The first thing that came to mind when considering this story is that this is the type of story that would immediately make any burlesque performer defensive. And why not? Whenever someone who practices an oft-misrepresented discipline and sees someone take offense to what they're doing, the easiest and most natural reaction is "Hey, what's wrong with I do?"
|"...you want all the complaints, or just the top five?"|
While the temptation certainly exists for me to jump to the performer's defense, I instead took a minute to empathize with the parents of the children at that school. Note that I didn't say I agreed with them. Should she be forced to resign? No, not at all. From a legal standpoint, she probably won't have to. So that may not even be an issue worth discussing.
My empathy for the parents is the same thing I feel towards most people who are new to burlesque. I see in those parents people like my aunt, who is aware that I do some kind of striptease, but doesn't quite approve of what she thinks it is I'm doing, and is too afraid to ask about. I feel for them in the same way I feel for my partner's mother, who doesn't know quite how she feels about her daughter dating someone who is "in the sex trade." I'm armed with the same understanding that I have whenever other men tell me "I could never do that" when referring to my burlesque performances.
|Sometimes, even I have trouble justifying what I'm doing.|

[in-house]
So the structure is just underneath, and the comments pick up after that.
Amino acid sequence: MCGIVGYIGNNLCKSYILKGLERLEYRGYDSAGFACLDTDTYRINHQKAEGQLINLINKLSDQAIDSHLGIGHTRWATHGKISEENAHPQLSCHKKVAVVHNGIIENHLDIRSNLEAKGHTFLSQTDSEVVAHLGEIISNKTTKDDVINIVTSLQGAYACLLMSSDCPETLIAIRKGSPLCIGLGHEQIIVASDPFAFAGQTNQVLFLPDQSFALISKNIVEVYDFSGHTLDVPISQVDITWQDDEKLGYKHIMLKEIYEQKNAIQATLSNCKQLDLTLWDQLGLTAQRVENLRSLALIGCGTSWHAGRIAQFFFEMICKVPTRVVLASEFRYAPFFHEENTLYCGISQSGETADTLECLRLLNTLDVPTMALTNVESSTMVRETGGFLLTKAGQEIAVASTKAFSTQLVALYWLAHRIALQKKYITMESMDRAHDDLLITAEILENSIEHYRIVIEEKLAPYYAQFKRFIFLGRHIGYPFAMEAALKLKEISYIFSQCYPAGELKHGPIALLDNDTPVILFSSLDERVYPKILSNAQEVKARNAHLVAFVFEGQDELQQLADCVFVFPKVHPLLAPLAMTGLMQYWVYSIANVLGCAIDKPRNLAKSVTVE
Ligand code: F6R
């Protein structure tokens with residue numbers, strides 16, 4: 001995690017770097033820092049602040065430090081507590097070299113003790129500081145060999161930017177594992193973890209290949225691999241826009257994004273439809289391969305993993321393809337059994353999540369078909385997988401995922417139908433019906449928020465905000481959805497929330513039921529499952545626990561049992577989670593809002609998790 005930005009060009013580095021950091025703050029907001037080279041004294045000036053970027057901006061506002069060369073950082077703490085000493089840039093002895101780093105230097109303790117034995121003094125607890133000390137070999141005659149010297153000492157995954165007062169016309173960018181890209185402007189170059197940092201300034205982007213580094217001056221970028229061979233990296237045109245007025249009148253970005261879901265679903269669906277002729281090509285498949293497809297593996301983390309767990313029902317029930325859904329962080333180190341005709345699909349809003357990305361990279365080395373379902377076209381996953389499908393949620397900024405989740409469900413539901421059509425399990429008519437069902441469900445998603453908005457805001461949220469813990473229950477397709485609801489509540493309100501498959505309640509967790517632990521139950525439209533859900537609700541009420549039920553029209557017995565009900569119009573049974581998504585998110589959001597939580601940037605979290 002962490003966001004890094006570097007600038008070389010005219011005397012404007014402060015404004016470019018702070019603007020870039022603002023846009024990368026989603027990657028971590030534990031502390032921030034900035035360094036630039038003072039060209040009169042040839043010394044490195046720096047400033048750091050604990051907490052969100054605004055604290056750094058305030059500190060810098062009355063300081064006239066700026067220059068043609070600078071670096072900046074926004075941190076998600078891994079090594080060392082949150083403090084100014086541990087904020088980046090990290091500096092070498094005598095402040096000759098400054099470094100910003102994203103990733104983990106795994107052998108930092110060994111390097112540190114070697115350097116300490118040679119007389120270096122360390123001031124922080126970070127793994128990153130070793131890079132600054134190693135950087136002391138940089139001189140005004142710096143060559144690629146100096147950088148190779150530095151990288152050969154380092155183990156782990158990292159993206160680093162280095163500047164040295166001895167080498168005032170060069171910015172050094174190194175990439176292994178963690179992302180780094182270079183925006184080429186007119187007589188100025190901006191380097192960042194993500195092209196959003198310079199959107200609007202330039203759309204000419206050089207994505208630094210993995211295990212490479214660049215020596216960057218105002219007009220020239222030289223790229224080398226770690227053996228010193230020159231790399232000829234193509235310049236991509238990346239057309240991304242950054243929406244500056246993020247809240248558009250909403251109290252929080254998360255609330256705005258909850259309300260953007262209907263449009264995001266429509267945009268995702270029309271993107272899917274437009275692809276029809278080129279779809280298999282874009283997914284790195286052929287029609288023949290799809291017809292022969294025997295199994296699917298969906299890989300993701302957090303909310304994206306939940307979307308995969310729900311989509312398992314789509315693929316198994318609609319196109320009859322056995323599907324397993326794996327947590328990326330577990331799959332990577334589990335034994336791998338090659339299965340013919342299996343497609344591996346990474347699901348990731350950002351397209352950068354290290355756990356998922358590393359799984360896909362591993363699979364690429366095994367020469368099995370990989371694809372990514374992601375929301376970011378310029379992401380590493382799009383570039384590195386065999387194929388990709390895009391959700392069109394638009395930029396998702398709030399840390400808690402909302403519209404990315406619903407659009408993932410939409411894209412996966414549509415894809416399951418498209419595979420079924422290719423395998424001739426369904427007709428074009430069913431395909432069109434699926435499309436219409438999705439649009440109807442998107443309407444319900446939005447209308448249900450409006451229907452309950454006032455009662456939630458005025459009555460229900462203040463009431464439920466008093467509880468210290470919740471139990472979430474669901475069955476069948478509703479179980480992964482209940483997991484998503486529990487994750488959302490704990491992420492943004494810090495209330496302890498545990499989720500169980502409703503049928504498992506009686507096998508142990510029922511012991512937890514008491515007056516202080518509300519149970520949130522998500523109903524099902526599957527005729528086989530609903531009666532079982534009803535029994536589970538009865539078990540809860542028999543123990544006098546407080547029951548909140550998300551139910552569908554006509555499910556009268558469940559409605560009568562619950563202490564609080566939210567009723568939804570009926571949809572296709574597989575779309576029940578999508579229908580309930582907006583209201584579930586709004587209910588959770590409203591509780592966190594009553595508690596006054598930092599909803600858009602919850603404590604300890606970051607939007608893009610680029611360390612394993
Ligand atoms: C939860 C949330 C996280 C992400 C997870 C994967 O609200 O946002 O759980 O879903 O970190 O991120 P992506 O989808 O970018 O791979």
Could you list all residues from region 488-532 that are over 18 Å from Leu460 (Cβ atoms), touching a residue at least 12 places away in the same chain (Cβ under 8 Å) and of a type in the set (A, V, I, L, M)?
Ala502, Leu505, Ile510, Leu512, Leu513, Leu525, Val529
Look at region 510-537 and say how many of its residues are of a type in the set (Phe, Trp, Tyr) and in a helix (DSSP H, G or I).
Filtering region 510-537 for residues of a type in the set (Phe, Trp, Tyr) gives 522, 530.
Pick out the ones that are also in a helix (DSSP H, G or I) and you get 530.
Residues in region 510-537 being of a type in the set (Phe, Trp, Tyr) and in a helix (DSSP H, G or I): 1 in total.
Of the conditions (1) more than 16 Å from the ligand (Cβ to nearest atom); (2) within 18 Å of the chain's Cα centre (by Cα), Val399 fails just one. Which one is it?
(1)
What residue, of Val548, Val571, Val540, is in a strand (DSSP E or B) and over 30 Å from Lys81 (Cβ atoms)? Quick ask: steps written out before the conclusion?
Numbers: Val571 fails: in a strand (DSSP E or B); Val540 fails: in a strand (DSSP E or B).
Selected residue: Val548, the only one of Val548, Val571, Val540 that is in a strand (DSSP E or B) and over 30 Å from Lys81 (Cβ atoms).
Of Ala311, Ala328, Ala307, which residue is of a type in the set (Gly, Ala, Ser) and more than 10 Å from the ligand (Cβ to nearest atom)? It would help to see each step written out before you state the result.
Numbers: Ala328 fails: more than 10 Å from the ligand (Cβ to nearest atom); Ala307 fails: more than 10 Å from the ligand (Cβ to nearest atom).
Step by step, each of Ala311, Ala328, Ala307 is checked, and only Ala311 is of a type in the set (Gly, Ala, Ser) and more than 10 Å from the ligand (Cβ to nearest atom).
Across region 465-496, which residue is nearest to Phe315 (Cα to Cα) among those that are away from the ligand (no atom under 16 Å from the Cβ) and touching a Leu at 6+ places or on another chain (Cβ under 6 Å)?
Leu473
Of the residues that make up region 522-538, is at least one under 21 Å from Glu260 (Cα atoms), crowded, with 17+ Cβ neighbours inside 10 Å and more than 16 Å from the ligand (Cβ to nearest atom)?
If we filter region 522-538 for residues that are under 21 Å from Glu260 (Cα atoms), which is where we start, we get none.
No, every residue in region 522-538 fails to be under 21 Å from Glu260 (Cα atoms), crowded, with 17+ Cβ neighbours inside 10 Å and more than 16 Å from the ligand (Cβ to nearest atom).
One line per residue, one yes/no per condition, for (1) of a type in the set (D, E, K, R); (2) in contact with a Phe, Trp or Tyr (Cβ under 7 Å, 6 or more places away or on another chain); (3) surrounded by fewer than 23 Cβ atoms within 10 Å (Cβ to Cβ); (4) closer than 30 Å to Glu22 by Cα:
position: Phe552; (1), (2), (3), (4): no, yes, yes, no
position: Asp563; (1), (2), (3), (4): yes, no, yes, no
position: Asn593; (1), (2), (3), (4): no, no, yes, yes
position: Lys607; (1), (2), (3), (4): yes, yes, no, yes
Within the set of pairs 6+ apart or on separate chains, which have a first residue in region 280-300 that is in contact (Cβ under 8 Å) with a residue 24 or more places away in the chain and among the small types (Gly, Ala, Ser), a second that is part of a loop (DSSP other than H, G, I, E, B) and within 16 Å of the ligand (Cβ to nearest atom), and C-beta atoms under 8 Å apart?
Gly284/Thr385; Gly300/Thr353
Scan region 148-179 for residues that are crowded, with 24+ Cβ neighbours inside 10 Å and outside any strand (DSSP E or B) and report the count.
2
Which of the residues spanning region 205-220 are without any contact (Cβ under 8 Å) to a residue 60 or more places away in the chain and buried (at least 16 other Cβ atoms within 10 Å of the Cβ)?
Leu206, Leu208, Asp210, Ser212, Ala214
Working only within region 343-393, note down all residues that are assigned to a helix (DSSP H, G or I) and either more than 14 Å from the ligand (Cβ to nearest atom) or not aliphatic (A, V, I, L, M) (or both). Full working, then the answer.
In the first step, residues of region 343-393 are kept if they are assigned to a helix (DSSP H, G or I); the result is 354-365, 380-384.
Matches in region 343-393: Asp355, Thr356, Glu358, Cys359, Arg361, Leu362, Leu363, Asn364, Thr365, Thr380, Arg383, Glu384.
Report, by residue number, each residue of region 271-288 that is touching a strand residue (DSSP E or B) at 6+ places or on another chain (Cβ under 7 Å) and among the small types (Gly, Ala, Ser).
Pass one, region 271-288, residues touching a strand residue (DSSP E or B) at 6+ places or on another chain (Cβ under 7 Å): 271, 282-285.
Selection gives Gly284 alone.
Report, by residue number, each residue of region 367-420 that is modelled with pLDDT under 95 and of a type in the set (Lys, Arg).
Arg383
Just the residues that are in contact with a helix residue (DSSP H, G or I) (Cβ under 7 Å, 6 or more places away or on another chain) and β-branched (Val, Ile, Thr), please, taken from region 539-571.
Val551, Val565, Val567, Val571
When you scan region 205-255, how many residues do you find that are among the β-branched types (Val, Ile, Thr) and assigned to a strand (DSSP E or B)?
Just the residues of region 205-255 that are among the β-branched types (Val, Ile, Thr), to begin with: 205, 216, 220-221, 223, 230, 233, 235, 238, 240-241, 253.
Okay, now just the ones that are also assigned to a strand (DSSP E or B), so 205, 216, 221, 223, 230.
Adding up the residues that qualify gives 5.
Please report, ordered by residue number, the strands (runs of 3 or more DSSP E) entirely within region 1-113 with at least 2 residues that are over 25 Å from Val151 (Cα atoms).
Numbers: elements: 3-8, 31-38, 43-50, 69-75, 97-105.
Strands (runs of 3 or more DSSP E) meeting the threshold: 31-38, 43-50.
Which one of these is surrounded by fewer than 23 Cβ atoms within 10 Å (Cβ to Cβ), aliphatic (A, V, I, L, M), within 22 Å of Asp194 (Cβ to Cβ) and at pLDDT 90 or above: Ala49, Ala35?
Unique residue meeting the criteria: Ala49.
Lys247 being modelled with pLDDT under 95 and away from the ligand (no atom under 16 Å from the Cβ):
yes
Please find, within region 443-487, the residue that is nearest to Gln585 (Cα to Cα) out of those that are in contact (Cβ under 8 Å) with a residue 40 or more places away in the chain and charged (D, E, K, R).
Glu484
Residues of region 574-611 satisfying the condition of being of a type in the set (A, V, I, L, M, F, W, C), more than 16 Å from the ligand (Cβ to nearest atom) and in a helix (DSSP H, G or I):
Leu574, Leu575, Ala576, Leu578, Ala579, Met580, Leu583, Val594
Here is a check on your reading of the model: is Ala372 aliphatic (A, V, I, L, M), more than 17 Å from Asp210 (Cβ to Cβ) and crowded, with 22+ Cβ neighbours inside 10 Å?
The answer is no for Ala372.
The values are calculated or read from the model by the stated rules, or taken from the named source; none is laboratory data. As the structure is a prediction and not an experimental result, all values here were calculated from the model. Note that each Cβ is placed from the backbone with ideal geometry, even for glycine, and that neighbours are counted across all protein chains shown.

And is burlesque performance appropriate for kids? Absolutely not. The reason why most burlesque shows take place at venues that are either 18+ or 21+ is because striptease is something that is not child-friendly. So in many ways, I understand the hair-trigger outrage.
If the performer in question had nothing to do with the YouTube distribution of that performance video, then my heart goes out to her. When someone publishes something (especially without permission), it has the potential to be damaging. The fact that students and members of the Hopewell community were able to link this person to her burlesque persona would only have been an expedited consequence if she had released the video herself. And YouTube doesn't do a whole lot to keep people who are under 18 from seeing things that they shouldn't see.
So if she didn't authorize the release of that video, then it's truly unfortunate what's happened, and I don't believe she deserves any of the backlash she's getting. If she did? Then I believe that with social media being the way it is, she had to have some idea that it would come back to her--and to have prepared for any fallout in advance from the parents of her students, who we can only expect to be less-then-understanding. Does that make her avenue of expression wrong or immoral? Of course not. But since when is challenging perceptions and pushing envelopes ever met with complete acceptance and understanding?
|It's far more likely to be met with hostility.|
I have accepted the consequences for being a part of the burlesque world in tandem with the life I live above-ground. My own risk is fairly minimal, as I'm not a public servant or authority figure. But if I was, and this situation was my own, I'd dig my heels in. I'd use it as an opportunity to educate, and I would certainly apologize for the fact that students of mine had seen this video. I would make sure the URL was removed and/or made private, and I would offer to meet up with parents individually to discuss concerns and answer questions. I wouldn't minimize their objections, nor would I admit wrongdoing.
After all, every burlesque performer is an educator by default, and we are each challenged with what the public thinks of us every day. Why is this any different?